Each month, PBS streams over 300 million free online videos to our audiences. Although we strive for a flawless experience for each viewer, there will unfortunately always be isolated instances where video playback issues may occur, for a variety of reasons like the ones mentioned above. We are always seeking to improve the user experience on our various websites and video streaming platforms.
Here Is a Sampling of the Letters, Followed by Responses from PBS
I'm writing to you concerning PBS's policy of not providing the best streaming of video because I refuse to have all my private information out over the internet. It is a sad state for PBS, who is supposed to be for the people, not to provide equal service to everyone regardless if they want to keep their information private.
East Point, GA
Response: As a non-profit membership organization, PBS local stations around the country rely on financial support from members to provide superior content experiences. In an effort to support local PBS stations, PBS has begun to experiment with offering an added level of customization and features for station members. As a public service, PBS will always be committed to providing free content and free streaming available to all of the American public. These added features, including recommended watch lists, HD streaming, etc, are meant to serve as bonus features as our way of saying "thanks" to our loyal PBS station supporters…We hope that you can understand our desire to serve both our public audience while also providing much needed membership support to our local stations.
We ask for email in order to deliver added functionality, such as high-definition streaming, enabling users to mark certain videos as favorites, create a list of favorite videos and making it possible for viewers to pick-up watching a video from where they left off – all across different devices. Users do not need to be station members to receive these benefits. We do note when a viewer clicks the link to register that, "By signing in, you are authorizing PBS to share your email address with your local PBS station to send you periodic communications about station events, services and support." Viewers who do not wish to register are able to access thousands of hours of [standard definition] content for free.
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Hello Michael, I have a problem. I do not want to sign in with Facebook or Google or any other organization, only PBS. How do I do that? Why is it a problem?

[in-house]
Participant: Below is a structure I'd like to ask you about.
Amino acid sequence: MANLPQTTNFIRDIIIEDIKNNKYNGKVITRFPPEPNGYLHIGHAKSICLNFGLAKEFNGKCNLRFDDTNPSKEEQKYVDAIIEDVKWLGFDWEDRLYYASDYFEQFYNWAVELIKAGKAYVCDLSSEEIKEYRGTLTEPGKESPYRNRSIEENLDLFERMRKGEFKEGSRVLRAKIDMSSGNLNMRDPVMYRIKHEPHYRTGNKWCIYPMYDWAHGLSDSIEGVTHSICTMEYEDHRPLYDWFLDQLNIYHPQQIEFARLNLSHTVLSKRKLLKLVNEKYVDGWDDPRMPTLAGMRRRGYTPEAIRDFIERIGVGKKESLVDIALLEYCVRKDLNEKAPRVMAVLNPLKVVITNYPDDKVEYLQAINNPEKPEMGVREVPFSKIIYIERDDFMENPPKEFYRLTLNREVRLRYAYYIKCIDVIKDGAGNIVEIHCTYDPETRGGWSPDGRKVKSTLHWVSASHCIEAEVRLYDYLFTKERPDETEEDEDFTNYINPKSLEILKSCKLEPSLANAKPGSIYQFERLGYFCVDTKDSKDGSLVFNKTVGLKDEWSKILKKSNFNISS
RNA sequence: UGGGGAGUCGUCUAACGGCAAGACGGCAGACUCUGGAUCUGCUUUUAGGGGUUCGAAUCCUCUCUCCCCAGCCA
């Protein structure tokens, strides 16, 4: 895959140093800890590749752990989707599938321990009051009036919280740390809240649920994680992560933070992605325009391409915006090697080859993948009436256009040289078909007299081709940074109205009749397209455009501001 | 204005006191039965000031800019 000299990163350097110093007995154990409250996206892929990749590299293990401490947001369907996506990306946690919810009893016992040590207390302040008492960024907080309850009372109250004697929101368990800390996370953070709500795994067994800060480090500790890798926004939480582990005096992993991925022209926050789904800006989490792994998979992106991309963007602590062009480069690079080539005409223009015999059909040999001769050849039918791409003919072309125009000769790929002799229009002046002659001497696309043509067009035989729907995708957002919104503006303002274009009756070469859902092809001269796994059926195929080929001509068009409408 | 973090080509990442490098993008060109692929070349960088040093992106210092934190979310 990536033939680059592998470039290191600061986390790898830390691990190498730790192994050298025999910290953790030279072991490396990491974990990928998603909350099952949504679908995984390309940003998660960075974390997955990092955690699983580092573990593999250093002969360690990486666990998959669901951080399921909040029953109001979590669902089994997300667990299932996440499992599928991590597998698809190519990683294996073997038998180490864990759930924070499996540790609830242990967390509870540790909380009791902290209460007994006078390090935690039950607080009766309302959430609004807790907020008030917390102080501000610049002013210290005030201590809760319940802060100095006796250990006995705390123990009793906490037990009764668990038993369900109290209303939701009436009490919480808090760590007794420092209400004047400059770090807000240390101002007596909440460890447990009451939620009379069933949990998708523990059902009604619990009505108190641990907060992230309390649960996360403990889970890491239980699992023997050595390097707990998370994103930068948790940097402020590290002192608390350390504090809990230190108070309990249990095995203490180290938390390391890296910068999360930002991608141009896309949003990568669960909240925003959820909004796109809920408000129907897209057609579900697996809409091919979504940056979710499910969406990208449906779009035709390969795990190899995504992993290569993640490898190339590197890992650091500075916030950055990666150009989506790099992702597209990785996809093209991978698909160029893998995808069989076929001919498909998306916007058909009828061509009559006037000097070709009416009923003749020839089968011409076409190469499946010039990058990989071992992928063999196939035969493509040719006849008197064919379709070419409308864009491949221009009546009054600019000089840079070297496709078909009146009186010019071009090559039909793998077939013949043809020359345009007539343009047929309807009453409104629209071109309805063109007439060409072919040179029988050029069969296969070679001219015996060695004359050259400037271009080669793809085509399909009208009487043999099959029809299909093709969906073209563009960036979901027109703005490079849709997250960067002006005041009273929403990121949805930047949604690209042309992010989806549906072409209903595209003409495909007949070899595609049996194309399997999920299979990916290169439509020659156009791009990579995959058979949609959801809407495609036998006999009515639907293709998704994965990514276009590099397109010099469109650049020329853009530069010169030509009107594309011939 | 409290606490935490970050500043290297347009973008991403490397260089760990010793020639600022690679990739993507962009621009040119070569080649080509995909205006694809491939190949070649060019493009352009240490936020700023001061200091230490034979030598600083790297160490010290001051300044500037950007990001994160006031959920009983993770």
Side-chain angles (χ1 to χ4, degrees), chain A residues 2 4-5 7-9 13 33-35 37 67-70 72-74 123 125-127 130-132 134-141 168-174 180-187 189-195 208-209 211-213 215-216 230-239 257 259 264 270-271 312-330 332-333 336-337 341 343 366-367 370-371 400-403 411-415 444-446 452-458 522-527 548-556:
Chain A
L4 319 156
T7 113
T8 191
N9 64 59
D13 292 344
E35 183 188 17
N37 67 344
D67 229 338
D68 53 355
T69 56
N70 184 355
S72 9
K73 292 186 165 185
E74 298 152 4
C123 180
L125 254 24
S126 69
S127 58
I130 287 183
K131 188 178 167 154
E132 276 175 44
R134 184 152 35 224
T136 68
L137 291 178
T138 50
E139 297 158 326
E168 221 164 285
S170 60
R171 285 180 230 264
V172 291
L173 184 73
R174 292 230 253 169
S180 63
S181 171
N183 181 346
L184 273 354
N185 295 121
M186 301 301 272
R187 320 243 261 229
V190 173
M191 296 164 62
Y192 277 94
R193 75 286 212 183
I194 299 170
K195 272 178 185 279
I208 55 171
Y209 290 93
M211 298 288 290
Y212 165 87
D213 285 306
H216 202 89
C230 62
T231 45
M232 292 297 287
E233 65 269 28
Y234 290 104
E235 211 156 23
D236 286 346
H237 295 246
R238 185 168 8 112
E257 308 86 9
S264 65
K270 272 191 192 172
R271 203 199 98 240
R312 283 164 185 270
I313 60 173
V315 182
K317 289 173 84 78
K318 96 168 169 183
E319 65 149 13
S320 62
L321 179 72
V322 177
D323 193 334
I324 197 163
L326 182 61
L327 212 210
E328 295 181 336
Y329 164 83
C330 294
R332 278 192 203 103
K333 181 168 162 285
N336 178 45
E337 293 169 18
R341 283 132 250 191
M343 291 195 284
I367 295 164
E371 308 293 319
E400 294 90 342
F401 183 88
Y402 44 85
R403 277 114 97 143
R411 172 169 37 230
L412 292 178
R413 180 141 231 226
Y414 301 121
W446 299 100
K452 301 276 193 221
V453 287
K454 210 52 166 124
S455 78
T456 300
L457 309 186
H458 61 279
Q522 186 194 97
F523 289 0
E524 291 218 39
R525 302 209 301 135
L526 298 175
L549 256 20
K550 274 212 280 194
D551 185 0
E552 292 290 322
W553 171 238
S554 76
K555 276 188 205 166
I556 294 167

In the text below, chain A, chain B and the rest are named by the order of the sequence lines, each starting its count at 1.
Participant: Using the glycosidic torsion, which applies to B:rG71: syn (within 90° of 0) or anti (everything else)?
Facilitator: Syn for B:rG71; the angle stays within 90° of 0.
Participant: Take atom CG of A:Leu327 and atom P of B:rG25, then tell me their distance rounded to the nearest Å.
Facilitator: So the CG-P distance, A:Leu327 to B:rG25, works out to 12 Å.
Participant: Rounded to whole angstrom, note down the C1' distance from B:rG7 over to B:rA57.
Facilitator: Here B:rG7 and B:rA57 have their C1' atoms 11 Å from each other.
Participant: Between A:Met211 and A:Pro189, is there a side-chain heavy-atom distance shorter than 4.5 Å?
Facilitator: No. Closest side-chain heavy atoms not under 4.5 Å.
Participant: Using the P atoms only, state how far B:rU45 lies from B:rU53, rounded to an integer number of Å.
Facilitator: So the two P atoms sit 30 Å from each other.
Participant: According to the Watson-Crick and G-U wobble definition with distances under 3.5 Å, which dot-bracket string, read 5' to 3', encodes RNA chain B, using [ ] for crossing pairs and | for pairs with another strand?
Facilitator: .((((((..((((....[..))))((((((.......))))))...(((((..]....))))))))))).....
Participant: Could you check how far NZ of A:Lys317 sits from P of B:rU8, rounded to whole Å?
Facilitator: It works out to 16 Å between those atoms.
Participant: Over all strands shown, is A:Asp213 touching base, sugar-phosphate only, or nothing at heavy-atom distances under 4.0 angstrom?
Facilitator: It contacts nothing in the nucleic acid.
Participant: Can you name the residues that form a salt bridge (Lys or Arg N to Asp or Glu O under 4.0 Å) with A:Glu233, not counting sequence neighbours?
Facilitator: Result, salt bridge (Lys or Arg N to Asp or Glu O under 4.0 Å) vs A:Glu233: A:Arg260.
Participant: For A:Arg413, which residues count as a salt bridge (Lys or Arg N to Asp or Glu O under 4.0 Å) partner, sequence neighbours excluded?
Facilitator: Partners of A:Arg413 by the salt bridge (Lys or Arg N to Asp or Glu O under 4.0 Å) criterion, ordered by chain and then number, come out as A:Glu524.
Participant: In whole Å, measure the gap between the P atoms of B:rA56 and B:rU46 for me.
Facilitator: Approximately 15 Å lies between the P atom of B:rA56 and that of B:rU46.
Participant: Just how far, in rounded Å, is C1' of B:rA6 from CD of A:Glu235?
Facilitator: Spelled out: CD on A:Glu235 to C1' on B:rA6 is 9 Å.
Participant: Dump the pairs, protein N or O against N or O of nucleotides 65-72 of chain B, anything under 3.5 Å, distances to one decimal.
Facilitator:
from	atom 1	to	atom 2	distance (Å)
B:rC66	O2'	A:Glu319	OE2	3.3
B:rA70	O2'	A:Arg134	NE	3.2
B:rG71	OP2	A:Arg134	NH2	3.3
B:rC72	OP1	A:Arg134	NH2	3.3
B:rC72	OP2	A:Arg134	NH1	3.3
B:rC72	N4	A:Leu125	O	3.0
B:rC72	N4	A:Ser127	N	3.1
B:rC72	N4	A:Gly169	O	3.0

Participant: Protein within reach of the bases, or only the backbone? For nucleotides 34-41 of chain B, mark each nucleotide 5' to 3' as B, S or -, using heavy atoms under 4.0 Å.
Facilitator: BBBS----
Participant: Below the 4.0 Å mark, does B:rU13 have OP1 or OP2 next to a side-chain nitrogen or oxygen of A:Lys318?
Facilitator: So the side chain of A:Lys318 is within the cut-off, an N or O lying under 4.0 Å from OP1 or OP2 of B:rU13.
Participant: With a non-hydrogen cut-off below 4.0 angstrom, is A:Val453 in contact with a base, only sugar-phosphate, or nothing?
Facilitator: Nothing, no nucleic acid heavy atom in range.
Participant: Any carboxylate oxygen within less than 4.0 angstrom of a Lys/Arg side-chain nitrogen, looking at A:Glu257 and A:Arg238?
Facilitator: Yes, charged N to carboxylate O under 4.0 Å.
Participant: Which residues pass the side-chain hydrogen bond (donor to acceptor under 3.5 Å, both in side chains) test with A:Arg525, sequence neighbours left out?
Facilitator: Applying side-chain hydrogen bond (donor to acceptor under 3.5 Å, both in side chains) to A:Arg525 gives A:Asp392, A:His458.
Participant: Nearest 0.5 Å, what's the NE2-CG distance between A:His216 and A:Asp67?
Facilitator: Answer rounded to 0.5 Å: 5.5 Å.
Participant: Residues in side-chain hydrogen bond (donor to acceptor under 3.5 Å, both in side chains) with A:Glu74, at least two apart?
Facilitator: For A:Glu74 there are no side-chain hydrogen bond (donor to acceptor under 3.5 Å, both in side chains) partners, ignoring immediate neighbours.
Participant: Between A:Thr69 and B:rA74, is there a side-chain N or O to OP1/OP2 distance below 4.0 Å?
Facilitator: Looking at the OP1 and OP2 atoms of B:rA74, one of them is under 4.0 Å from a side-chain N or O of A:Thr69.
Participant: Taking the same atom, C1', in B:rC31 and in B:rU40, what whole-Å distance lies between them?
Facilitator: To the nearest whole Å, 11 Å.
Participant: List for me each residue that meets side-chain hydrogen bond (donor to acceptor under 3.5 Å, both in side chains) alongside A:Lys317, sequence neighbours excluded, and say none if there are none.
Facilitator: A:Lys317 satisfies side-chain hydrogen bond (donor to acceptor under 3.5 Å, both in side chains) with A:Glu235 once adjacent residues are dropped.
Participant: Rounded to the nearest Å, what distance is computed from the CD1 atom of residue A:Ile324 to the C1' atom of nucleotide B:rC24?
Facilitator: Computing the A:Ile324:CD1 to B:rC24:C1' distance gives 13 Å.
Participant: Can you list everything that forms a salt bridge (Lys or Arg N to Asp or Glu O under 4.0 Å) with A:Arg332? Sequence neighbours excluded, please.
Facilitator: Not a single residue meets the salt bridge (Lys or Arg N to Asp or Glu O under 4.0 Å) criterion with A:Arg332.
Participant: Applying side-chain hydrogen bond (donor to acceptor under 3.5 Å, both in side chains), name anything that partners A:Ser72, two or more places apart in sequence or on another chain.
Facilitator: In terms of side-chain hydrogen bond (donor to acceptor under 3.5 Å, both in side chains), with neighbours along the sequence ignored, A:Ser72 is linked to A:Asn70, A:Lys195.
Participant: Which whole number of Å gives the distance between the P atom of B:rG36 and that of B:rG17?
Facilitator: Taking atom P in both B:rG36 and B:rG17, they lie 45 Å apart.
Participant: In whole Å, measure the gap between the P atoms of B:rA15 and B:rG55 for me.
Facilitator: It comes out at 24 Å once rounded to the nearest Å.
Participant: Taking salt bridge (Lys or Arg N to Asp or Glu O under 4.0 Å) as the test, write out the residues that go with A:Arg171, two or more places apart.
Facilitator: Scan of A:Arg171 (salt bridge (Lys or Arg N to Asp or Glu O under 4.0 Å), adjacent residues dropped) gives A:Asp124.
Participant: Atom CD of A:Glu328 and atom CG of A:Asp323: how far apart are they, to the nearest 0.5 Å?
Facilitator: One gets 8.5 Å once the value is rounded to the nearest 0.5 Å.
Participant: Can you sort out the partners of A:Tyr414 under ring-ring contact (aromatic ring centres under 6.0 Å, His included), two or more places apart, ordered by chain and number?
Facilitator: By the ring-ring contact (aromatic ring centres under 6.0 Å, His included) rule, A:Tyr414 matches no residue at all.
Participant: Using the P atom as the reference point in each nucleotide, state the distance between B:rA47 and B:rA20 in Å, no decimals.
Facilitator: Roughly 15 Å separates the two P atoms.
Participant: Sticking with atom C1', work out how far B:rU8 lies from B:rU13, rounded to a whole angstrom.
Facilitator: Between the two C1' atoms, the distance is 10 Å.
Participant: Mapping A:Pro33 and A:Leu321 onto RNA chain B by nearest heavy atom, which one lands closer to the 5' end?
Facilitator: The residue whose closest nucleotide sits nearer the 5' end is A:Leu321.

Response: We recognize that many of our online visitors would prefer to create a unique profile directly with PBS rather than use a social network such as Facebook and Google. As of October 2013, we have added a PBS login feature to our sign in options. Users who do not have a Facebook or Google account can click on the black PBS logo to login directly.
The Website Blues
I have been a contributor to educational television and PBS for scores of years, through my various local pbs affiliates. It pains me to contemplate the frightful and useless web sites. Trying to locate information on that cluttered website for PBS or the NewsHour is a great effort of frustration. Why should I continue to support such bad design with my money?
Carl Brookims, Roseville, MN
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The PBS web site and the PBS Video web site are not user friendly, are confusing, and don't take the user to where the user wants to go. The site deliberately obfuscates. There is no way to get responsive answers to problems/questions. The PBS Video web site has been altered again so that it now provides videos that stall, stutter, and don't load/play and are lacking the bps adjustment on the video control panel. It would seem that if PBS is going to have PBS Videos online that it would be ethical for PBS to provide them in a functioning manner so that they can be viewed by the public online audience. Also, they now have it set up that if the writer of his message cannot complete the almost impossible to read encryption in order to send the message, and, therefore, fails the encryption posting, instead of getting a resend opportunity, the sender loses the entire message and has to start all over again. PBS makes everything so unreasonably difficult.
(The writer asked to not be identified)